I used to recommend Java as a good language to learn early, but this critique has changed my mind (search for “The Pitfalls of Java as a First Programming Language” within it). A hacker cannot, as they devastatingly put it “approach problem-solving like a plumber in a hardware store”; you have to know what the components actually do. Now I think it is probably best to learn C and Lisp first, then Java.

There is perhaps a more general point here. If a language does too much for you, it may be simultaneously a good tool for production and a bad one for learning. It's not only languages that have this problem; web application frameworks like RubyOnRails, CakePHP, Django may make it too easy to reach a superficial sort of understanding that will leave you without resources when you have to tackle a hard problem, or even just debug the solution to an easy one.

If you get into serious programming, you will have to learn C, the core language of Unix. C++ is very closely related to C; if you know one, learning the other will not be difficult. Neither language is a good one to try learning as your first, however. And, actually, the more you can avoid programming in C the more productive you will be.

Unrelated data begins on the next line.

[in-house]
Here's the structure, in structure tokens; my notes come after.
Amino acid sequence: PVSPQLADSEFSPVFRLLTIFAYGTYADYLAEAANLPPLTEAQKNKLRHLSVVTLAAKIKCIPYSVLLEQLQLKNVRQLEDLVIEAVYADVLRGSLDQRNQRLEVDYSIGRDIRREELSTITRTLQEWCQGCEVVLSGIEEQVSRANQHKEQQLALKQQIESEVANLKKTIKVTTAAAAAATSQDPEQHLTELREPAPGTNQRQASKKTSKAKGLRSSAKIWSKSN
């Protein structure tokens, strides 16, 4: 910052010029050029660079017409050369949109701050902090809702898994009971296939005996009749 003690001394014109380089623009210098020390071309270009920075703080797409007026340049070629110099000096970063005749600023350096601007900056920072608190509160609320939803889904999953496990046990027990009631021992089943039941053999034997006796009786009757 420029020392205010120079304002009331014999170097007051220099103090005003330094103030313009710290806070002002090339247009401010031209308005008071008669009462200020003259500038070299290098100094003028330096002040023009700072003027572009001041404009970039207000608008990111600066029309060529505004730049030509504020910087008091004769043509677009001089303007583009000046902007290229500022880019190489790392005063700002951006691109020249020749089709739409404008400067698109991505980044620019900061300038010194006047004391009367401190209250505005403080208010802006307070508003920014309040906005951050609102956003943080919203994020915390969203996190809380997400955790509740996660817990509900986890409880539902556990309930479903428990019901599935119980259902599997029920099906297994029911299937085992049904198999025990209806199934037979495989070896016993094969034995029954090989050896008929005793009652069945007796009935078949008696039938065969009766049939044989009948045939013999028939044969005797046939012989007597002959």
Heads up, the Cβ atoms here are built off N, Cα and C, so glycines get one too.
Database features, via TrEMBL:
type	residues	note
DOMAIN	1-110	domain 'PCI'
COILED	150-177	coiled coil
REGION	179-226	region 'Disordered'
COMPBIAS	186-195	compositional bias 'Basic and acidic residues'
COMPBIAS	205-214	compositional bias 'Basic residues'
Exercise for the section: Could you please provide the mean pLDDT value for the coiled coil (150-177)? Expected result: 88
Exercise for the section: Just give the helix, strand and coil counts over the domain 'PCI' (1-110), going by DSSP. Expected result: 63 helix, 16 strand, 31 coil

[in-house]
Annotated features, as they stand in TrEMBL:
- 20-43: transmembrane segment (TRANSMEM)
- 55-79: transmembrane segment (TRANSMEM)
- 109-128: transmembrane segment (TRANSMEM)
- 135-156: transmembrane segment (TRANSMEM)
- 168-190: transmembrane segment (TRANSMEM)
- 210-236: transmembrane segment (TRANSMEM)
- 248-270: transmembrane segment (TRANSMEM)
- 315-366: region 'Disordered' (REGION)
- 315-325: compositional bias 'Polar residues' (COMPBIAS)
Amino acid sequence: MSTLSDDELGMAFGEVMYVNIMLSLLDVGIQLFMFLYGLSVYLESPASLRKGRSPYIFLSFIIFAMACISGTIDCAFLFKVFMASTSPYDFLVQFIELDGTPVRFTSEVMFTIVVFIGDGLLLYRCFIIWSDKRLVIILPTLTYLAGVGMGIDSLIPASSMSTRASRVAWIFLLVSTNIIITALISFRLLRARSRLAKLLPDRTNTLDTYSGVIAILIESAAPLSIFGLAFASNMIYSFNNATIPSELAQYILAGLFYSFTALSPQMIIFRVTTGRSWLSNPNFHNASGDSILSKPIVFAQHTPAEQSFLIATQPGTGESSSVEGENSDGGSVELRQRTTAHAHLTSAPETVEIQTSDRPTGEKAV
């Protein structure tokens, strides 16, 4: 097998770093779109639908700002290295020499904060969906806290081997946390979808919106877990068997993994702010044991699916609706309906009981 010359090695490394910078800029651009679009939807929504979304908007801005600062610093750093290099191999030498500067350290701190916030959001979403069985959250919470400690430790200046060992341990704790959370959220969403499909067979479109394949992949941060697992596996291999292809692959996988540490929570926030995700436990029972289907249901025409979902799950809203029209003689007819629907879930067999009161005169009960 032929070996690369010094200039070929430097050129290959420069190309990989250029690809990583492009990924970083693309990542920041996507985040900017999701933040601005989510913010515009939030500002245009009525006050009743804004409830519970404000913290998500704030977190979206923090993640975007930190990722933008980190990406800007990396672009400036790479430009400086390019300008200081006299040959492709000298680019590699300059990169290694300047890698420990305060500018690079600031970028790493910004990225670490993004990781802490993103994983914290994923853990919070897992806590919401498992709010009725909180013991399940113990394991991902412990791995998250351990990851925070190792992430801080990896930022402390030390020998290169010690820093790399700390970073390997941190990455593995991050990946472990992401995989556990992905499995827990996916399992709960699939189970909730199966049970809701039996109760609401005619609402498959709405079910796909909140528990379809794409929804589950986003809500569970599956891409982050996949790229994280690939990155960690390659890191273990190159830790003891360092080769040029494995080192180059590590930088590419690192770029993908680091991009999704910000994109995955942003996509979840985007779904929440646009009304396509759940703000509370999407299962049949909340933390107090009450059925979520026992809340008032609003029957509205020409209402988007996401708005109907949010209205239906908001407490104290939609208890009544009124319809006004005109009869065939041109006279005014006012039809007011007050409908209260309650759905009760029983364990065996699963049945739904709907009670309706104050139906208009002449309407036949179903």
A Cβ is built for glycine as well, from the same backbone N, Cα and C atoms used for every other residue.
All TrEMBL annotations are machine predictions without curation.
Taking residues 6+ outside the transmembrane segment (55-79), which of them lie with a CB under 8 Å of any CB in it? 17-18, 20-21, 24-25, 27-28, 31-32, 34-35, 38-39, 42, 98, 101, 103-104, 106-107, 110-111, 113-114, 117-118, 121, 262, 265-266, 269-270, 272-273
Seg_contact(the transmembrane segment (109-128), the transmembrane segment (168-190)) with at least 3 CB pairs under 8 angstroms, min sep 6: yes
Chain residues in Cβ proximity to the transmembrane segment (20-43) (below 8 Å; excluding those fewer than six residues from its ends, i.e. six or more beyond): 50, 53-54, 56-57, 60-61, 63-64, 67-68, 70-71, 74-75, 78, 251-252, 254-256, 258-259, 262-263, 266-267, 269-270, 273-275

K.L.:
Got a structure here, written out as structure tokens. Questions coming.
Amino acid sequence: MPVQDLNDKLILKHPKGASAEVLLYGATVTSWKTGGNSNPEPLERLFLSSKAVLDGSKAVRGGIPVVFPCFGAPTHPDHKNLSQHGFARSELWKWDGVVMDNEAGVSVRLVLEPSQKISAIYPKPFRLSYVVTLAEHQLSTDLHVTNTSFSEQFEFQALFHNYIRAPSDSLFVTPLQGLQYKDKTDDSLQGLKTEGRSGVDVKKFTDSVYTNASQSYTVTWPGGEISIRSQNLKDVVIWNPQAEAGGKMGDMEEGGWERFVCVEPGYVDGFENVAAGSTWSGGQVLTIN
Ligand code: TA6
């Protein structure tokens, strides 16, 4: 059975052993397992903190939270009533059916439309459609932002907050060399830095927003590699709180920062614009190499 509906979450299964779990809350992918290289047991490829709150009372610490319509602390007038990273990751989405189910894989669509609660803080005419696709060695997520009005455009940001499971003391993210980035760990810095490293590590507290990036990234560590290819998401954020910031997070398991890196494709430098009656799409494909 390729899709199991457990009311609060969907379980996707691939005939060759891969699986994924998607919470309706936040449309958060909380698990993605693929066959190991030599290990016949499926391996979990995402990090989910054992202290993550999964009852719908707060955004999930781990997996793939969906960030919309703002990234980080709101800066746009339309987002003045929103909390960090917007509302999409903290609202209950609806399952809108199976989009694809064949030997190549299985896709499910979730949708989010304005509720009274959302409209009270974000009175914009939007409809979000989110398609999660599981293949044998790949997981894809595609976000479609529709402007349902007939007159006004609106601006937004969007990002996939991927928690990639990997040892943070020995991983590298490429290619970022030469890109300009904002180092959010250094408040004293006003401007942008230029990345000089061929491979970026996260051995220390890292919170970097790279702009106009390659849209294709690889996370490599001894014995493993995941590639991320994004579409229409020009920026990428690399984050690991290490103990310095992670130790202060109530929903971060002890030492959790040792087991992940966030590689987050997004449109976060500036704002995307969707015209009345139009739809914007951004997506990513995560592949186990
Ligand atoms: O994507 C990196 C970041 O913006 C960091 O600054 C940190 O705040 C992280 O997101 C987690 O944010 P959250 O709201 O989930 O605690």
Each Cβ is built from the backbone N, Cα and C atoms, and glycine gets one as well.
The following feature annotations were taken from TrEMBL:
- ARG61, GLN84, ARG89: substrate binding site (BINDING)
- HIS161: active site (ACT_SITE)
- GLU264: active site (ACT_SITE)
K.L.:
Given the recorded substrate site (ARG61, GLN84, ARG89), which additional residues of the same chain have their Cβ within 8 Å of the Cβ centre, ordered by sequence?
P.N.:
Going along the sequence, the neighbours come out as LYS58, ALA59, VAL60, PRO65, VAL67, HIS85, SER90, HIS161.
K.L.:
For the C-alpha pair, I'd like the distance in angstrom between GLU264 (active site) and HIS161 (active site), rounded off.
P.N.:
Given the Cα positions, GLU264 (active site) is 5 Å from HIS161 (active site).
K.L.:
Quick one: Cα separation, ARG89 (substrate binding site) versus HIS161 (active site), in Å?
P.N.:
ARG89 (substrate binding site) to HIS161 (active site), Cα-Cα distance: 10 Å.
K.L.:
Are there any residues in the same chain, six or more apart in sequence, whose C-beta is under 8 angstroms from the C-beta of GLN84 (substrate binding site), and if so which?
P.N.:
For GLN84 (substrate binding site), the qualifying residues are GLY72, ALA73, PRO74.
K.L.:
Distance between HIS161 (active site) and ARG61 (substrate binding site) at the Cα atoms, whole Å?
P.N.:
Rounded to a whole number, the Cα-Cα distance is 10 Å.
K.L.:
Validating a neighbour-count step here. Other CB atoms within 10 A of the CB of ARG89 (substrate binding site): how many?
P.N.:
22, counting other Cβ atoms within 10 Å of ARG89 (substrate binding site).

C is very efficient, and very sparing of your machine's resources. Unfortunately, C gets that efficiency by requiring you to do a lot of low-level management of resources (like memory) by hand. All that low-level code is complex and bug-prone, and will soak up huge amounts of your time on debugging. With today's machines as powerful as they are, this is usually a bad tradeoff — it's smarter to use a language that uses the machine's time less efficiently, but your time much more efficiently. Thus, Python.

Other languages of particular importance to hackers include Perl and LISP. Perl is worth learning for practical reasons; it's very widely used for active web pages and system administration, so that even if you never write Perl you should learn to read it. Many people use Perl in the way I suggest you should use Python, to avoid C programming on jobs that don't require C's machine efficiency. You will need to be able to understand their code.